Our Wonderful Helplessness

Have you ever felt helpless? Have you ever felt that no matter how hard you try, no matter how hard you prayed, or no matter how much you believed, you still felt imperfect? That you could never truly please God or make the right choice? Have I got a Gospel for you.

“There is no one righteous, not even one; there is no one who understands; there is no one who seeks God….” (Romans 3:10-11 NIV)

Christianity has made salvation a choice. And not only a choice, as if you were deciding between an apple or an orange, but a choice that comes with an act of repentance. Choosing is but the first step, what follows on from this must be the fruits of that choice. Every single part of you, down to the smallest hair on the back of your neck, needs a complete overhaul. And this burden is placed on your shoulders. God may “help” you or “give you the strength,” so to speak, but ultimately you are the one who must choose to struggle in order to earn the mark of salvation.

It sounds like I am placing the Christian gospel in an unfair light. Perhaps I’m making things sound much worse than they really are. If I am then the answer to this question should be easy. Is the person who has stopped struggling with sin or warring against the flesh (i.e. striving for purity) just as saved as one who does fight and struggle? Allow me to go a step further. Is the person who doesn’t believe in Jesus saved? If not, then what I said above is perfectly agreeable with the Christian position. Salvation comes from works within ourselves.  

If this is true then what did Paul mean when he said that we are all under the power of sin? What did he mean when he quoted from the Psalms that no one seeks God? Salvation from works does not and cannot cohere with these words. We are completely and wonderfully helpless. 

No one can come to me unless the Father who sent me draws him. (John 6:44 ESV)

Have you ever heard the preacher call out an Evangel of repentance? He tells you that you must adhere to his message before it’s too late. But what will happen to you if you don’t accept it? An honest atheist might even say that they cannot accept it because they cannot believe it. But it’ll be too late. The house will burn down with them inside it. They deserve it because, when all is said and done, they chose it.

The Christian gospel tells of Jesus pulling up in front of the housefire and honking on the horn, waiting for you to run outside. If you don’t, He eventually drives away, muttering the words, “Well, suit yourself. I tried.” 

I’m going to paint another picture of salvation. A picture that sits us where we are: utterly helpless and unable to escape the burning building on our own.  Friends, here is Paul’s Evangel (and I’ll explain why it is Paul’s in a moment): You’re trapped in the burning building, unable to rescue yourself nor find a way out. Jesus pulls up and finds you nowhere in sight. He realizes you need a rescuer so He jumps out of the car and runs into the burning building, sacrificing His own life to save you. He finds you unconscious on the floor, pillars of fire rising around you, and He picks you up and pulls you out of the fire. He seats you in the backseat of His car, heals your wounds, and starts the car towards the road to glory.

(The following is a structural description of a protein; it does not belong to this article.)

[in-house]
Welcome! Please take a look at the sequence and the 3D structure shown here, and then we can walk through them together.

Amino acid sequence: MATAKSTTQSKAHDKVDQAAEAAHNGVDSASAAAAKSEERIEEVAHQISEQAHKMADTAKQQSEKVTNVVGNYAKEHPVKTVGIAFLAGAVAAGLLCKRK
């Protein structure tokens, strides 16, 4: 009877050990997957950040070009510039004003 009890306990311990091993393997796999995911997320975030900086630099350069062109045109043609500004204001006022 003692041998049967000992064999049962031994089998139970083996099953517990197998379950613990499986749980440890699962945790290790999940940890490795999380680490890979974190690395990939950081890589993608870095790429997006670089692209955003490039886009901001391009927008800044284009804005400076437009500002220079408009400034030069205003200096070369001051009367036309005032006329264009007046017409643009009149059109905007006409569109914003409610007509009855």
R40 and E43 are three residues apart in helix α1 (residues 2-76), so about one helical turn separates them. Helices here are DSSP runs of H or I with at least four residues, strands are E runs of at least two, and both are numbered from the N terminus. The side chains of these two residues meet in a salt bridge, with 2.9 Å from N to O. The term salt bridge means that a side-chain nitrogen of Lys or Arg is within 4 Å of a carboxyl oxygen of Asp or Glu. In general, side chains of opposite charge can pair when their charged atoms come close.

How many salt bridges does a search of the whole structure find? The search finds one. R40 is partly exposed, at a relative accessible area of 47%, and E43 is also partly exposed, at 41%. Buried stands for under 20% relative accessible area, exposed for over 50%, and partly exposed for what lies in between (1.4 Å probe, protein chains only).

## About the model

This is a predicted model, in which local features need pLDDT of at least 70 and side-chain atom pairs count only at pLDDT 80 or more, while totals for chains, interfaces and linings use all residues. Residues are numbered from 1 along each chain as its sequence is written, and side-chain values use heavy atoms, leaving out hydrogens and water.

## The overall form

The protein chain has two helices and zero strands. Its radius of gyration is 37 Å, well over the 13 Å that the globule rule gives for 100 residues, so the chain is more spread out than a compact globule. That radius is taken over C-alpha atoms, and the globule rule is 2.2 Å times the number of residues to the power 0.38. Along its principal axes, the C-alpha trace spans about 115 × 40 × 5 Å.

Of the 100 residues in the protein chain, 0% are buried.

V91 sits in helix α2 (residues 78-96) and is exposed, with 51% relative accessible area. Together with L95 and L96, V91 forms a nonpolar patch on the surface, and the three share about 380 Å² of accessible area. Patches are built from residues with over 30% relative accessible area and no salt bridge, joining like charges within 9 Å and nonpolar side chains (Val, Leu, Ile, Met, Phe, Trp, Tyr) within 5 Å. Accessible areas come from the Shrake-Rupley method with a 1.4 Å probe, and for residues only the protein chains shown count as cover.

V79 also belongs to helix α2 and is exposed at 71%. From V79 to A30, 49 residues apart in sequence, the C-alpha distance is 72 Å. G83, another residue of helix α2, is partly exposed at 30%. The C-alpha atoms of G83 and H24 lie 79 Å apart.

Throughout this process, you did not do a single thing. You were as a dead man (Ephesians 2:5). Unconscious in your sins. You could not even call on Him for help and yet He saved you. When you wake up and realize what He did for you, you shout out “You saved me! Who are you? I want to know you!” Belief is simply the joyful, exuberant response to being overwhelmed with grace.

Yet the grace of our Lord overwhelms, with faith and love in Christ Jesus. (1 Timothy 1:14 Concordant Literal Version)

Did you notice the order? His wonderful grace overwhelms first and with it comes faith and love in Christ Jesus. This does not come from my choice, but from God’s. Not my free will, but God’s. The church teaches the opposite of this and challenges you by asking that if you were to die tonight, where would you spend eternity? I cannot see how this evangel offers any comfort, shines any light on the grace and goodness of God, or demonstrates how Jesus is supposed to be so wonderful if He did not actually save me where I stand in my helpless state. He merely provided a second chance for me to save myself.

When I was going to church at the time I noticed a certain confusion among them. They knew that Paul came to know Christ because he was struck by glory on the road to Damascus. There was no conscious choice on Paul’s part to seek Jesus. He felt no remorse, uncertainty, or fear on his way to Jerusalem. He was set in his way, determined to carry out his plan, until….

….I (was) shown mercy, that in me, the foremost, Jesus Christ should be displaying all His patience, for a pattern of those who are about to be believing on Him for life eonian. (1 Timothy 1:15-16 CLNT bold mine)

The church taught that Paul was the exception because He had such a high calling. Paul, on the other hand, said that his redemption will be a pattern for all who are about to be believing. Although ours isn’t always as majestic as Paul’s the principle remains. Paul is not the exception, rather he is the example, and all who come to know of the truth of their salvation will do so in spite of themselves.

The grace of God overwhelms us all in His perfect time and we, in our wonderfully helpless state, can do nothing but enjoy it. Excited yet?